Decades ago Andersson et al.  extensively studied the occurrence of gate current fluctuations in MOS tunnel diodes. As Random Telegraph Noise (RTN) in the drain current has emerged as a serious reliability issue for MOS devices, recent investigations revealed that the fluctuations in the drain and the gate current can be correlated. The drain noise has also been investigated in the context of the Bias Temperature Instability (BTI) and is traced back to the capture and emission of substrate charge carriers in the gate oxide. It may be argued that the captured charge locally repels the inversion layer, thereby decreasing the direct tunneling current through the gate oxide. This effect has been investigated using Non-Equilibrium Green's Functions (NEGF) simulations for a series of random dopant configurations. In the worst case, they predict a change in the gate current of less than 1% (see figure 1) while measurements yield values around 8%. As a consequence, this electrostatic effect can be ruled out as an explanation for the gate current fluctuations.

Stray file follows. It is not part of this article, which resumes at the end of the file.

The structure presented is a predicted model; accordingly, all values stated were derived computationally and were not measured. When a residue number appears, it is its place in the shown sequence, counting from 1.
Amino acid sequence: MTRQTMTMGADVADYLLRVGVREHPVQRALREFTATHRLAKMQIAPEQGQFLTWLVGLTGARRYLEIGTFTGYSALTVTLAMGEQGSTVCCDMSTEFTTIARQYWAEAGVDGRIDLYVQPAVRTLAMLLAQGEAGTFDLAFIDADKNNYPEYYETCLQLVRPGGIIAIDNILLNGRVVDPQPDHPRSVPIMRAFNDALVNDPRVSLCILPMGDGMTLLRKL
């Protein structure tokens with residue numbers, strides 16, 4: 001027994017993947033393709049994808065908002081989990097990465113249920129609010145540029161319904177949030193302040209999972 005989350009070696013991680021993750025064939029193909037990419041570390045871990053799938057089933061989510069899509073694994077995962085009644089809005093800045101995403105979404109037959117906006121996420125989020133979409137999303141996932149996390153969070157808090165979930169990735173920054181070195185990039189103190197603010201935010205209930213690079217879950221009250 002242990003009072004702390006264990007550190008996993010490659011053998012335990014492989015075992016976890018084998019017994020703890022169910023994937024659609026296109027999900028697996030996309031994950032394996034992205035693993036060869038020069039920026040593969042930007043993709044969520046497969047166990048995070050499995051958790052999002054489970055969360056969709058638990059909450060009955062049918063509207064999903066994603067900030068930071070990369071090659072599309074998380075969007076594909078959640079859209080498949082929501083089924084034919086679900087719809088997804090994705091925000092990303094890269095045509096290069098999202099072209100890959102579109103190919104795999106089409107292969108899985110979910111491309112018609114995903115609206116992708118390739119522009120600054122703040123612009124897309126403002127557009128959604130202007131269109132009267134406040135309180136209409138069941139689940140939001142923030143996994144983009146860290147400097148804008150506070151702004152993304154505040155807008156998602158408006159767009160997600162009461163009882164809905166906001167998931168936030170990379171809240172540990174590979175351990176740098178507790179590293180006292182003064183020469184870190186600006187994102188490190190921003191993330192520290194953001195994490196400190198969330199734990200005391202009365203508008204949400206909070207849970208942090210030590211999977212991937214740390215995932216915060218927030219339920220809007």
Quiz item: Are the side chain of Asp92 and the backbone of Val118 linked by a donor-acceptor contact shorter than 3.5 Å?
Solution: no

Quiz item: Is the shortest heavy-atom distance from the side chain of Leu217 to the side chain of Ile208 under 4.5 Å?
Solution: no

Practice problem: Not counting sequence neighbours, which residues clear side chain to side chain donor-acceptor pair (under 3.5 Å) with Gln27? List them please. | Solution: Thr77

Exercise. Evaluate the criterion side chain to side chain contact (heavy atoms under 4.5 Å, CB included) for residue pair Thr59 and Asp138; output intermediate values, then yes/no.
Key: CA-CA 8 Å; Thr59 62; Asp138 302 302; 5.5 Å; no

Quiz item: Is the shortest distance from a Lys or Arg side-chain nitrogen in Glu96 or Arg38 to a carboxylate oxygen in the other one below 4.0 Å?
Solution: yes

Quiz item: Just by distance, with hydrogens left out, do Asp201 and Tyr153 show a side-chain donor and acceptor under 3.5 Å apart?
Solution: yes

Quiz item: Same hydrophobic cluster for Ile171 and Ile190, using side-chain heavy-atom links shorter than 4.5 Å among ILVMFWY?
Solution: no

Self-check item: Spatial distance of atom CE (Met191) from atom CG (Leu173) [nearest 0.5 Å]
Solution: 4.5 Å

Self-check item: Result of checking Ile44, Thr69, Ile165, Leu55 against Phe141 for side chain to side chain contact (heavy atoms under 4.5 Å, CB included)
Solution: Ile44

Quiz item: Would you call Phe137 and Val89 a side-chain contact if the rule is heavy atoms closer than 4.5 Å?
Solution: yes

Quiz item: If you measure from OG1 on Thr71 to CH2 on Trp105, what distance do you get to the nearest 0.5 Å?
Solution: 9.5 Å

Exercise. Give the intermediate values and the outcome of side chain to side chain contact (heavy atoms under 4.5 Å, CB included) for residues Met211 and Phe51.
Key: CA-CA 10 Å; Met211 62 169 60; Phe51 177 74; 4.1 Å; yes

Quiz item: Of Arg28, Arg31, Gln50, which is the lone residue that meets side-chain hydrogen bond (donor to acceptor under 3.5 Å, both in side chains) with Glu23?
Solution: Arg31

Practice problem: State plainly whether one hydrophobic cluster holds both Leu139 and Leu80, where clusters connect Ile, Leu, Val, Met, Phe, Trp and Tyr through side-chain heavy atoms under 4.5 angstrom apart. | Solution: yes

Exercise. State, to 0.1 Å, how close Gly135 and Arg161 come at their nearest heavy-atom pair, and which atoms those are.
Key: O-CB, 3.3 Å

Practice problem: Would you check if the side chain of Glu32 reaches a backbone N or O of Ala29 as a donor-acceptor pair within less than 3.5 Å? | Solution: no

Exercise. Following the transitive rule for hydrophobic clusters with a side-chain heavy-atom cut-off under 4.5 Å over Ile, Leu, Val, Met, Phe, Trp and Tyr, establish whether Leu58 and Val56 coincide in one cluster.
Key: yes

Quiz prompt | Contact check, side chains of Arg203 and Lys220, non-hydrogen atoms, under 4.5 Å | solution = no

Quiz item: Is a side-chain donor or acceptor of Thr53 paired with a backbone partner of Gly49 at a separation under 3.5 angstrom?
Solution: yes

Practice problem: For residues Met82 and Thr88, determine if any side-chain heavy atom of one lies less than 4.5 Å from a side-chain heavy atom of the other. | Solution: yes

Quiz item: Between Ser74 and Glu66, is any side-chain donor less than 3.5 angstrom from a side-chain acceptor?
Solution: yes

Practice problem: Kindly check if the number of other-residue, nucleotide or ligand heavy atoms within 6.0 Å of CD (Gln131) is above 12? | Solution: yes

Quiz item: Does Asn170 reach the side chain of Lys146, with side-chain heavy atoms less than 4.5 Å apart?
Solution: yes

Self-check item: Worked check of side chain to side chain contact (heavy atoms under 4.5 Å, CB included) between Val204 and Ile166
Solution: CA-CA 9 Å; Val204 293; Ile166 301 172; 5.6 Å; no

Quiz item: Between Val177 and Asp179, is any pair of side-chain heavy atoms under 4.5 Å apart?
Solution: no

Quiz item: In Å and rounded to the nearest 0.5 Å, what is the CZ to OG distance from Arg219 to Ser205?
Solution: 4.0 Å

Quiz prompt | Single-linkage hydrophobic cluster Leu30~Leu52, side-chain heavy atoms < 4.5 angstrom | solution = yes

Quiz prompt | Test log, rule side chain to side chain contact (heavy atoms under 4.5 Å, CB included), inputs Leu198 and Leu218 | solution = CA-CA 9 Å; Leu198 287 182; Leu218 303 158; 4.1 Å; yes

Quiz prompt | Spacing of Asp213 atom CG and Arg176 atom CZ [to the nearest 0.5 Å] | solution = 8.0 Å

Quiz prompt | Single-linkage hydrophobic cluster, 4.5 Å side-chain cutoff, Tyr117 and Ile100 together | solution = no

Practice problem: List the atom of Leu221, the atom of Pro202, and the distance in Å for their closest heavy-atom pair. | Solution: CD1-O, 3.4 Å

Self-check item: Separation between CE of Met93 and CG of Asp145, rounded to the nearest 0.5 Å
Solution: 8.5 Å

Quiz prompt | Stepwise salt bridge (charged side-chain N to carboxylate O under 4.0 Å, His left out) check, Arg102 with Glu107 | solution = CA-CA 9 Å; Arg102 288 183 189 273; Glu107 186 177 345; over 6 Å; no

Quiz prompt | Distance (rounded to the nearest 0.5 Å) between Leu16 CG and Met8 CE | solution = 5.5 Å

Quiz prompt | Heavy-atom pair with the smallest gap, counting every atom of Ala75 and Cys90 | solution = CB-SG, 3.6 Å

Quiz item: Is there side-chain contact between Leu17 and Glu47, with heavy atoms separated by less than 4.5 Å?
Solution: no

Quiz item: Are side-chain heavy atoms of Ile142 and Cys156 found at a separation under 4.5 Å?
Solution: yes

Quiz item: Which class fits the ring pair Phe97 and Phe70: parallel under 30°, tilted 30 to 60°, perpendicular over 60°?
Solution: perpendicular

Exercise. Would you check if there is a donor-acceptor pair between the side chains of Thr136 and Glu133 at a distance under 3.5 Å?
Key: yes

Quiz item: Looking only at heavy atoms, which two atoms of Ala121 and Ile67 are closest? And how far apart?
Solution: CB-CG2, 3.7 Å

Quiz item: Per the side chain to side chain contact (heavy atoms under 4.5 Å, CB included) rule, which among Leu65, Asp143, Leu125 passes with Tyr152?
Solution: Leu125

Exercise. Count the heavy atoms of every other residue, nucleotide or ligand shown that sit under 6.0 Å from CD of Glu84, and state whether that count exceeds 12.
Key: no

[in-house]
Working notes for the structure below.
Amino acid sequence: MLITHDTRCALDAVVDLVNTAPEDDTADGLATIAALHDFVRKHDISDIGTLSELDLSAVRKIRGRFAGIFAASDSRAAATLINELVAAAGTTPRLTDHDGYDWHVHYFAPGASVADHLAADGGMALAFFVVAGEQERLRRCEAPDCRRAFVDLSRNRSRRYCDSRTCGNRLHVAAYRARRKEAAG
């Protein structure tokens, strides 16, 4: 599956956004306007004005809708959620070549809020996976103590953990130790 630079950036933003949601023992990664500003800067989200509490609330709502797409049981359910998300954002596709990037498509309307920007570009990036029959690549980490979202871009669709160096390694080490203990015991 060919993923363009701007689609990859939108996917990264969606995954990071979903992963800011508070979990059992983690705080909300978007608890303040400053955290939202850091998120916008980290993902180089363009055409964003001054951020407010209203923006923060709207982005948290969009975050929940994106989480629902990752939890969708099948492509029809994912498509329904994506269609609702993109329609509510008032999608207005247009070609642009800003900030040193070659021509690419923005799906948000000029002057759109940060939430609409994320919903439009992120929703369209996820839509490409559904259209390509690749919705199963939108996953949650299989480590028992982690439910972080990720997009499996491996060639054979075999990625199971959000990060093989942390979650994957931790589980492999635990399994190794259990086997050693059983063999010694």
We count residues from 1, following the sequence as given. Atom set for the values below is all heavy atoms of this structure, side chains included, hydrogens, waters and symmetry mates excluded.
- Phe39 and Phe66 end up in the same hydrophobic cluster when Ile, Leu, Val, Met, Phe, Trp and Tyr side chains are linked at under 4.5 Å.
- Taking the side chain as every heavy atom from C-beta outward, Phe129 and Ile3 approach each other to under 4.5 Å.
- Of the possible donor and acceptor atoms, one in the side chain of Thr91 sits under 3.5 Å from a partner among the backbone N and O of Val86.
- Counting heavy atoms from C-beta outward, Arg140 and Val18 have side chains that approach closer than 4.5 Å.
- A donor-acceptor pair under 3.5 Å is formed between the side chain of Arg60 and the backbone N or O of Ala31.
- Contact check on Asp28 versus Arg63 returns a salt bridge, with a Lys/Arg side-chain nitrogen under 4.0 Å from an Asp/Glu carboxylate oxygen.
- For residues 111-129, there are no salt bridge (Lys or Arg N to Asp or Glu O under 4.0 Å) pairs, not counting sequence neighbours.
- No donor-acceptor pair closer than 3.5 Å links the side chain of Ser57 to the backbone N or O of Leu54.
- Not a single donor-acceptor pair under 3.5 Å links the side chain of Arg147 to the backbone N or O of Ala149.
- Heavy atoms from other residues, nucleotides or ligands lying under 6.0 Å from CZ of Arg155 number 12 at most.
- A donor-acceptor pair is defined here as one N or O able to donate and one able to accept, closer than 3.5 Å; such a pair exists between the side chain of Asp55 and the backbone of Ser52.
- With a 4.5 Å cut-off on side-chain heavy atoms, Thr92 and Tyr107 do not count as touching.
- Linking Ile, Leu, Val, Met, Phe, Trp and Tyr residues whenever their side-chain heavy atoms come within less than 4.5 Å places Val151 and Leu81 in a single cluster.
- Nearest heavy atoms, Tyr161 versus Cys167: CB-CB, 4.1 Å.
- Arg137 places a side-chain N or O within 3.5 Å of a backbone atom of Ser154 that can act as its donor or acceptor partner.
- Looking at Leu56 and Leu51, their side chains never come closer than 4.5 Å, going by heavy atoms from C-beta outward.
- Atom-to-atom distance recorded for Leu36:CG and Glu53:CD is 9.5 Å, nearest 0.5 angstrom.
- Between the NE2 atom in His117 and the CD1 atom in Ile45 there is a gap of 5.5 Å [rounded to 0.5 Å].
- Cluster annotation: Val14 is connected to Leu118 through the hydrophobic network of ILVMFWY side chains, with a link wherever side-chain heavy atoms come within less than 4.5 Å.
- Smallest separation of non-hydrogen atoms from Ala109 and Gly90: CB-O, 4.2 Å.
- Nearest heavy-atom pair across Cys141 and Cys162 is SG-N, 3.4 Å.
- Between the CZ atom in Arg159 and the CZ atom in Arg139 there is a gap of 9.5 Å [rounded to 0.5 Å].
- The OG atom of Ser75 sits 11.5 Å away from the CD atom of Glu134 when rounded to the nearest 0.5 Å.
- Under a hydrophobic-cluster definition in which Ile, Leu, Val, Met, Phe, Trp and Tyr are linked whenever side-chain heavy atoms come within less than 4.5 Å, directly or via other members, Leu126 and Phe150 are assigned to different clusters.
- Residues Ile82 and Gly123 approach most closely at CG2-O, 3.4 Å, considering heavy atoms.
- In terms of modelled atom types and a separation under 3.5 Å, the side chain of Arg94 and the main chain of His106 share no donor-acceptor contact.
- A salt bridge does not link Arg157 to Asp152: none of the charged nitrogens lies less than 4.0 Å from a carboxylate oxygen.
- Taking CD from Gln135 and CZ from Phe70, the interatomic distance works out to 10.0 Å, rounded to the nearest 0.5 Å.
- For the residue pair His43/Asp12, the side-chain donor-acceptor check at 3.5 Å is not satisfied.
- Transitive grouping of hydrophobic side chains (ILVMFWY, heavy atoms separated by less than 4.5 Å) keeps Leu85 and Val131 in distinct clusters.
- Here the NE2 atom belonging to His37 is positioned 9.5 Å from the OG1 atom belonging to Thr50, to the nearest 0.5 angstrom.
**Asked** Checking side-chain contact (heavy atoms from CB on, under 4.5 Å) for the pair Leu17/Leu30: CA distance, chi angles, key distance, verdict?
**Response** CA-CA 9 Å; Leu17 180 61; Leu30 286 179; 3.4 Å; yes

In the related field of BTI, a multistate defect model has been recently proposed and is the only one that is consistent with a multitude of experimentally observed features: (i) The RTN/BTI capture and emission times are uncorrelated. (ii) The capture times show a strong field dependence ascribed to different curvatures in adiabatic potentials. (iii) Their frequency dependence is explained by the introduction of an additional metastable state. In this model, the TAT current consists of two nonradiative multiphonon transitions, namely, hole capture from the substrate (from state 1' to state 2) followed by hole emission to the poly gate (from state 2 back to state 1'). As shown in figure 2, the resulting TAT current only occurs for the positive charge state of the defect and can be switched on by hole capture (from state 1 to state 2) or turned off again via hole emission (from state 2 to state 1). figure 3 demonstrates that the multistate model yields the correct field and temperature dependence of the gate current fluctuations while still fitting the RTN/BTI capture and emission time constants. As such, the multistate model provides a comprehensive description of oxide defects causing BTI and gate leakage and thereby further corroborates the validity of this model.
 Andersson et al., Phys.Rev.B, 41, 9836-9842 (1990).